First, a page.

Oral Answers to Questions

Office of First Minister and Deputy First Minister


Civic Forum


Mr Ford

asked the Office of the First Minister and the Deputy First Minister when the first meeting of the Civic Forum is to take place.

(AQO 282/99)


Mr Neeson

asked the Office of the First Minister and the Deputy First Minister to detail progress made towards the establishment of the Civic Forum.

(AQO 281/99)


Mr McCarthy

asked the Office of the First Minister and the Deputy First Minister when the composition of the Civic Forum will be announced.

(AQO 283/99)


Mr Close

asked the Office of the First Minister and the Deputy First Minister to give a date for the first meeting of the Civic Forum.

(AQO 280/99)


Ms McWilliams

asked the Office of the First Minister and the Deputy First Minister to confirm the progress to date on the issue of staffing for the Civic Forum and to give an indication of when the Civic Forum will be established.

(AQO 311/99)


Mr McClelland

asked the Office of the First Minister and the Deputy First Minister what progress has been made towards the establishment and operation of the Civic Forum and to list representations made on the same.

(AQO 309/99)


Ms Lewsley

asked the Office of the First Minister and the Deputy First Minister when the Civic Forum is to be established.

(AQO 302/99)


Mrs E Bell

asked the Office of the First Minister and the Deputy First Minister to outline work their office has done to establish the Civic Forum.

(AQO 284/99)

The Deputy First Minister (Mr Mallon):

With permission, I shall answer questions 1, 2, 4, 6, 7, 10, 11 and 12 together.

Paragraph 34 of strand one of the Good Friday Agreement provided that a consultative Forum would be established. It would comprise representatives of the business, trade-union and voluntary sectors and such other sectors as agreed by the First Minister and the Deputy First Minister. It would act as a consultative mechanism on social, economic and cultural issues.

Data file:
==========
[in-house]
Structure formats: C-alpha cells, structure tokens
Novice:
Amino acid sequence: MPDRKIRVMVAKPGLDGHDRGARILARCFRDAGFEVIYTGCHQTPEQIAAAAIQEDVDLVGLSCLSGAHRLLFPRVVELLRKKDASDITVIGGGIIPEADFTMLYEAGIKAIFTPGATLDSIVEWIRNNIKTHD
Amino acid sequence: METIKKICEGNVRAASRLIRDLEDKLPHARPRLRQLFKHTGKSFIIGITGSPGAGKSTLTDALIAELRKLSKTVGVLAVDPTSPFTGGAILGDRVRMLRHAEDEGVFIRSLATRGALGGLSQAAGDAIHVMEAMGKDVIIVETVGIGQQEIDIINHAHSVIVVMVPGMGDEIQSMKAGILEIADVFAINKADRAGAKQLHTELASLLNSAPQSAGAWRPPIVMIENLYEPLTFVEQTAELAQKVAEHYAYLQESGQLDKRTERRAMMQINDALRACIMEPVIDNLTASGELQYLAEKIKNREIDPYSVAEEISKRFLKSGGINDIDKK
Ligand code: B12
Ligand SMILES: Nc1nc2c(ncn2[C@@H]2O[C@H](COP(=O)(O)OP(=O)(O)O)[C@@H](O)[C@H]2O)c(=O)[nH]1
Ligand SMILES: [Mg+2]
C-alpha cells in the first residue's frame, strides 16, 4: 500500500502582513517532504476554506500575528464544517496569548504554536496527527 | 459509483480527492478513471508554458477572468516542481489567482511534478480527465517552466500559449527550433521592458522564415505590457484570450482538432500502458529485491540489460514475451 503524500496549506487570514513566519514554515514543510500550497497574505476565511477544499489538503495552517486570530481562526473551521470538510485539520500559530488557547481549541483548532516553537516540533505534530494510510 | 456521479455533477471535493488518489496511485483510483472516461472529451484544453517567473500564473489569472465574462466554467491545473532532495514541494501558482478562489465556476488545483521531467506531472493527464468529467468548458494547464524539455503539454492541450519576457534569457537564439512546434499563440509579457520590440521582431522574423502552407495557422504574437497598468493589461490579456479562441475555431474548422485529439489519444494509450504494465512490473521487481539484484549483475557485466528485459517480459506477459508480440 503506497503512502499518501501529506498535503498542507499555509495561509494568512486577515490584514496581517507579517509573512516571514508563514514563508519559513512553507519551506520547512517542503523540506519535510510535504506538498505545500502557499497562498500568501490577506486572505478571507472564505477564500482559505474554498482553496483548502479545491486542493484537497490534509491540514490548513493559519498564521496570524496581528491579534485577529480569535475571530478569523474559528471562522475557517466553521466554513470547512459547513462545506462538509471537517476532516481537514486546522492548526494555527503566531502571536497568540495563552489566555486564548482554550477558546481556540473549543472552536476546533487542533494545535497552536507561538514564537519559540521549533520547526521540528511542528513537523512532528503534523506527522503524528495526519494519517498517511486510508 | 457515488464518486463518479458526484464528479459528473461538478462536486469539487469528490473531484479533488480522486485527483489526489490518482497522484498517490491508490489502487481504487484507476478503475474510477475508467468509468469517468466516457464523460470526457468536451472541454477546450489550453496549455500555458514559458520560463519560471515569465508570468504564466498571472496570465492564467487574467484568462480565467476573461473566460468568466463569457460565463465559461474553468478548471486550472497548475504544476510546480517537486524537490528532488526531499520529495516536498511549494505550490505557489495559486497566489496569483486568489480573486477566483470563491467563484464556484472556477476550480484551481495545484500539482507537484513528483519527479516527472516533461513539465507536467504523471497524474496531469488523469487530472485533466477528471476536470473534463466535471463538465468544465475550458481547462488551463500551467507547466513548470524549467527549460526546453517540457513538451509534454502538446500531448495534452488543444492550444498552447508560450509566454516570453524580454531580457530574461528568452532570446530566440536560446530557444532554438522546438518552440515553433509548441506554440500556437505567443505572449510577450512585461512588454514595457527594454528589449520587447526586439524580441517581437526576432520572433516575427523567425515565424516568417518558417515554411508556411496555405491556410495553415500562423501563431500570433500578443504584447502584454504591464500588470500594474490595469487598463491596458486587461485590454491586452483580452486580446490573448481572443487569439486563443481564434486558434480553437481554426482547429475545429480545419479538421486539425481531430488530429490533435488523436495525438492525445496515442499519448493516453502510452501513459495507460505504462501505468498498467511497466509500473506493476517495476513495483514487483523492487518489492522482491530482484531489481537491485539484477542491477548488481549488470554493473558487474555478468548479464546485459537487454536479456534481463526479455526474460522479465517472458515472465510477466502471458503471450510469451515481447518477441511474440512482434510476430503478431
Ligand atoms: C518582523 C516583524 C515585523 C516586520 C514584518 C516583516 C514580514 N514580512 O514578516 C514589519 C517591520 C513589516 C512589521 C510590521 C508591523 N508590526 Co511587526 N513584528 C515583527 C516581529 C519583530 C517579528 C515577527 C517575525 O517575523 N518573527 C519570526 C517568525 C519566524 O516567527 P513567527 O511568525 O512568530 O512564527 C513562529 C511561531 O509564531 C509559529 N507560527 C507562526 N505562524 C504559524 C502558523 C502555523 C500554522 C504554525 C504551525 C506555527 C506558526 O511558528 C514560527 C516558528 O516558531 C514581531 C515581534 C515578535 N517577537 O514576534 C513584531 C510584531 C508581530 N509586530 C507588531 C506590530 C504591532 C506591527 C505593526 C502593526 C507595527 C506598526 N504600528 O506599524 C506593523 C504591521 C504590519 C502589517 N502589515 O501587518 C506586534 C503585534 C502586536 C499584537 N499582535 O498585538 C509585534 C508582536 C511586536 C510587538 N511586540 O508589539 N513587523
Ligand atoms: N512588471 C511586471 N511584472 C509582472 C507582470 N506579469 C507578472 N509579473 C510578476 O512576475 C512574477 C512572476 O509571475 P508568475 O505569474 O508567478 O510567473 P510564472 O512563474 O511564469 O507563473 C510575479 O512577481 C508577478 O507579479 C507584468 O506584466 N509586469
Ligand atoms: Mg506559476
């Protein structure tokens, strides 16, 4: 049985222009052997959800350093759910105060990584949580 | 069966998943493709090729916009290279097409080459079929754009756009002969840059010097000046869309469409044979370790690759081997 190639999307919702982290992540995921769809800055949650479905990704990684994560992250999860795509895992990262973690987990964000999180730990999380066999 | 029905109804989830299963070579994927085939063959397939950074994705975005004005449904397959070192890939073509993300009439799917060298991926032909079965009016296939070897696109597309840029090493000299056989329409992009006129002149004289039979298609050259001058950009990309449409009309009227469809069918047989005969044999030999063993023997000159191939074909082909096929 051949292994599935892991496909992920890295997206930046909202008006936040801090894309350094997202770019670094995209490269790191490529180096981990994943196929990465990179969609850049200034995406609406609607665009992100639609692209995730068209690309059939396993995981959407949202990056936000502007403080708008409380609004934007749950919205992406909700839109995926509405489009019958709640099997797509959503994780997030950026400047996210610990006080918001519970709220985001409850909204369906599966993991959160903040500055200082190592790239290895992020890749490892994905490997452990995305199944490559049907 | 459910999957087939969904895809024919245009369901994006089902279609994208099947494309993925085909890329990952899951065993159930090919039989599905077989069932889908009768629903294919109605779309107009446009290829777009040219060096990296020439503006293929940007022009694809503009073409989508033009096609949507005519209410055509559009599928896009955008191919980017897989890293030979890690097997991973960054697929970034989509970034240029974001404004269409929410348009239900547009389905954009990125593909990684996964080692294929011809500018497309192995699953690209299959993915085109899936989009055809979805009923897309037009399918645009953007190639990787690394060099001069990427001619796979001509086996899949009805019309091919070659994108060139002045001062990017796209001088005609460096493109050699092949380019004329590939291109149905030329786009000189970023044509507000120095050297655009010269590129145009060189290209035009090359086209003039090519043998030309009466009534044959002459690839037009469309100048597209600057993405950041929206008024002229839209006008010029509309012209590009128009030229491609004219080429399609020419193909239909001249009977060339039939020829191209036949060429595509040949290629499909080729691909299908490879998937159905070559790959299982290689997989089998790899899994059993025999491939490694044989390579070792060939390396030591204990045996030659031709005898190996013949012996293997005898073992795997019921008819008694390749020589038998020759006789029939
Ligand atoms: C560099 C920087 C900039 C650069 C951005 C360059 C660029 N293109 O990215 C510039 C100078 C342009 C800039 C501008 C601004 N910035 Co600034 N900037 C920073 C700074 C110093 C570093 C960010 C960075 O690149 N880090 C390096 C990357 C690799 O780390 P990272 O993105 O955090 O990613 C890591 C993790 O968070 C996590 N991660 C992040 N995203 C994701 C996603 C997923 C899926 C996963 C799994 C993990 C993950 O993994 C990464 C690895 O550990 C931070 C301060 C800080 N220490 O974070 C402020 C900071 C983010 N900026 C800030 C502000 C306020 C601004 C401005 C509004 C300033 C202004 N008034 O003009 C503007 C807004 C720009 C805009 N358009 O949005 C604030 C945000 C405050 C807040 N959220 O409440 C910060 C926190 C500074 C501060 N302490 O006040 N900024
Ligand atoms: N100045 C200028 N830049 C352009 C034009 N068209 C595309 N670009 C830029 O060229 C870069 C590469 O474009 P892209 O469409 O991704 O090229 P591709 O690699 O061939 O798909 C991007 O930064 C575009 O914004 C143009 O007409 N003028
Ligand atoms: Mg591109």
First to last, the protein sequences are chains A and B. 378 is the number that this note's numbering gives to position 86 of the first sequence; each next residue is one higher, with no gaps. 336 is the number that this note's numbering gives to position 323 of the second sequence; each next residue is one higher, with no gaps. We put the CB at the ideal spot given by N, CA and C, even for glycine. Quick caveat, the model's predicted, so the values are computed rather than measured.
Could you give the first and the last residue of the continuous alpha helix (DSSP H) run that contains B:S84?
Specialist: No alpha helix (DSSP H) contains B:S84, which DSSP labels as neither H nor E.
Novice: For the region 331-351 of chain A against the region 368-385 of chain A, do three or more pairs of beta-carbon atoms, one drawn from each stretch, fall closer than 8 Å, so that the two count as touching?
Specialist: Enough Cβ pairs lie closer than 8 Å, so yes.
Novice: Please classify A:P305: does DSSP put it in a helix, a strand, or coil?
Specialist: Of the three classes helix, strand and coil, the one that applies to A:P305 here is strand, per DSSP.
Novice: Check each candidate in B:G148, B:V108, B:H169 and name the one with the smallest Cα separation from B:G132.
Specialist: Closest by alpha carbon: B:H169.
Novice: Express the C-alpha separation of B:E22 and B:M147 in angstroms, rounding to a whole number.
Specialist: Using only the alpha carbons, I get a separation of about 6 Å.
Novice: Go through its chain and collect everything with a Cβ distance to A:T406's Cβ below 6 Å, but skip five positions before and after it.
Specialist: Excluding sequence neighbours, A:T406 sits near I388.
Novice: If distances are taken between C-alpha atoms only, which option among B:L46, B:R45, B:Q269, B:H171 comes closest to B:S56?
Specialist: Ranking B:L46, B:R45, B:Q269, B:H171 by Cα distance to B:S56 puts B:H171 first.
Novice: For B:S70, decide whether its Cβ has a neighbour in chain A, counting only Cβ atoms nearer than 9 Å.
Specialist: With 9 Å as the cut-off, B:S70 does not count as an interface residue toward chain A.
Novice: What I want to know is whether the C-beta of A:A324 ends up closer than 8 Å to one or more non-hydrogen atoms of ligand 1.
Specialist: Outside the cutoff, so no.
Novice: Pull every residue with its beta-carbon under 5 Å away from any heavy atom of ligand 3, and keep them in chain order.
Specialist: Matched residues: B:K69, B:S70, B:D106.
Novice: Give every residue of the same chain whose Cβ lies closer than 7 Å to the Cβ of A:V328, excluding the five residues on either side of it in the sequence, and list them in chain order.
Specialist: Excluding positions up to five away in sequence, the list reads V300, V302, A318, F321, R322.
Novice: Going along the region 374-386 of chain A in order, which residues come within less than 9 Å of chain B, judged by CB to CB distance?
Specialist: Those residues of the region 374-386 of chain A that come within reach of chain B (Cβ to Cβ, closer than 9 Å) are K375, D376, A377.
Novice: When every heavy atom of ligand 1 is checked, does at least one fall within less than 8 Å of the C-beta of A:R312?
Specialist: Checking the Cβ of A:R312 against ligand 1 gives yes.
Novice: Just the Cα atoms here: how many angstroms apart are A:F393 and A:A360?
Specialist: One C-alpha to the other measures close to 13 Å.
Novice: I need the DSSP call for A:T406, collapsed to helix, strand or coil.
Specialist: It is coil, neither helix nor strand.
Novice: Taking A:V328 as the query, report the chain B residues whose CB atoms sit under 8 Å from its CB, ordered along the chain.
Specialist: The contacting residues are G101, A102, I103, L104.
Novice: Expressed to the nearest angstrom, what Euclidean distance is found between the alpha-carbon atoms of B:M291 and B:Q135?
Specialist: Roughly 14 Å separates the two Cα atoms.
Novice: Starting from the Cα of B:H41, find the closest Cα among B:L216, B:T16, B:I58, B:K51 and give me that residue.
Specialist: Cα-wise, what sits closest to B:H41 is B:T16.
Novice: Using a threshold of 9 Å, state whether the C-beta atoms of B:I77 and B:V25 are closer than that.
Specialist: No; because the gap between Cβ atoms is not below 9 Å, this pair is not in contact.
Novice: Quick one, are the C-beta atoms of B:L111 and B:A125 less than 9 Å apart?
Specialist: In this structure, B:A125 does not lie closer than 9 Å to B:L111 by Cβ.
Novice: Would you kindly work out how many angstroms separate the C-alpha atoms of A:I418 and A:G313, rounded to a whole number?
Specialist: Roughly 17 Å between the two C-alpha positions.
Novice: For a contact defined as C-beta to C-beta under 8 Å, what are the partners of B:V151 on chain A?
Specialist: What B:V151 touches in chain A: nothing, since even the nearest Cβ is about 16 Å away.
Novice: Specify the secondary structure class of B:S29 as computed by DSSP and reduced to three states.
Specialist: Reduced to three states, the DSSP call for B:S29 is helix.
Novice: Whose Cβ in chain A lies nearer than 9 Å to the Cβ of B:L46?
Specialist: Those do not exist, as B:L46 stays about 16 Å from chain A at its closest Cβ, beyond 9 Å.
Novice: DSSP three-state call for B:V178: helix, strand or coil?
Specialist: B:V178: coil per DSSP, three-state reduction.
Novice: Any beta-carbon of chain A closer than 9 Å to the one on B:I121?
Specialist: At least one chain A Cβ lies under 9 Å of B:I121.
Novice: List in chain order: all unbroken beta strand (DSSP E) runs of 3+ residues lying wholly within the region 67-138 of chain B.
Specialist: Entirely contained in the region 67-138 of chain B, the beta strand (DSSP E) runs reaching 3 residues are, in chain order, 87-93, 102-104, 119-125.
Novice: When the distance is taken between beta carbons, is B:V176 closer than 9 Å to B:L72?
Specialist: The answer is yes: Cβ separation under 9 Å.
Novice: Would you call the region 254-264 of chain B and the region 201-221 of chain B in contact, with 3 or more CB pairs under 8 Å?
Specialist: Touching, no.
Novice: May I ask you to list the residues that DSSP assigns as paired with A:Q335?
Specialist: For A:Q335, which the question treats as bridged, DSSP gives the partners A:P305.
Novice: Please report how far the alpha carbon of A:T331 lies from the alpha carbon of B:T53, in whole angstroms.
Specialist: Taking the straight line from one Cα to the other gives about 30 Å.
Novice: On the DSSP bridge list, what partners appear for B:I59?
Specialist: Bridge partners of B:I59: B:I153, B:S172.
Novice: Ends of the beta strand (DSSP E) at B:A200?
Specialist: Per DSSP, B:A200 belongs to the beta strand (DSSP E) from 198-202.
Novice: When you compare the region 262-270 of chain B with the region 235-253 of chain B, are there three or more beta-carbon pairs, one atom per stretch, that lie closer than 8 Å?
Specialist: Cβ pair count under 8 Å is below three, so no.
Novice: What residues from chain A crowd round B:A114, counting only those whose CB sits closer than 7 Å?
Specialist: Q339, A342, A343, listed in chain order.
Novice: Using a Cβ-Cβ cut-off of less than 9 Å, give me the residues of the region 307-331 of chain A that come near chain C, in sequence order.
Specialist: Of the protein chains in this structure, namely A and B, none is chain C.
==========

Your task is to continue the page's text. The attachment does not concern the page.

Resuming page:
The report approved by this Assembly in February 1999 provided that the Civic Forum would have 60 members as well as a chairman. Under the terms of the report, 54 of the nominations for the Forum would be processed under ten headings: voluntary and community; business; trade-union; churches; arts and sport; culture; agriculture and fisheries; community relations; education; and victims.

The report identified groups and organizations which were to be invited to nominate members for the Forum. A further six members, plus the chairperson, will be appointed by the First Minister and the Deputy First Minister. The Office of the First Minister and the Deputy First Minister has been working with each of the sectors and, in some cases, assisting with bringing consortia together to draw up a nominating process. Each sector will submit a selection process to us for approval, by the end of June, and we will then carry out the remainder of the process during July and August.

We have had representations about the establishment of the Civic Forum from 54 individuals and organizations. The submissions came from representatives of business, churches, cultural organizations, trade unions, community groups, housing, victims' groups, the education sector, professional and medical groups, and women's groups. A list of all the representations has been placed in the library.

In our report of February 1999 we undertook to have the Civic Forum established within six months of devolution. The chairperson and members of the Forum are to be appointed in September, and its first plenary meeting will take place in October.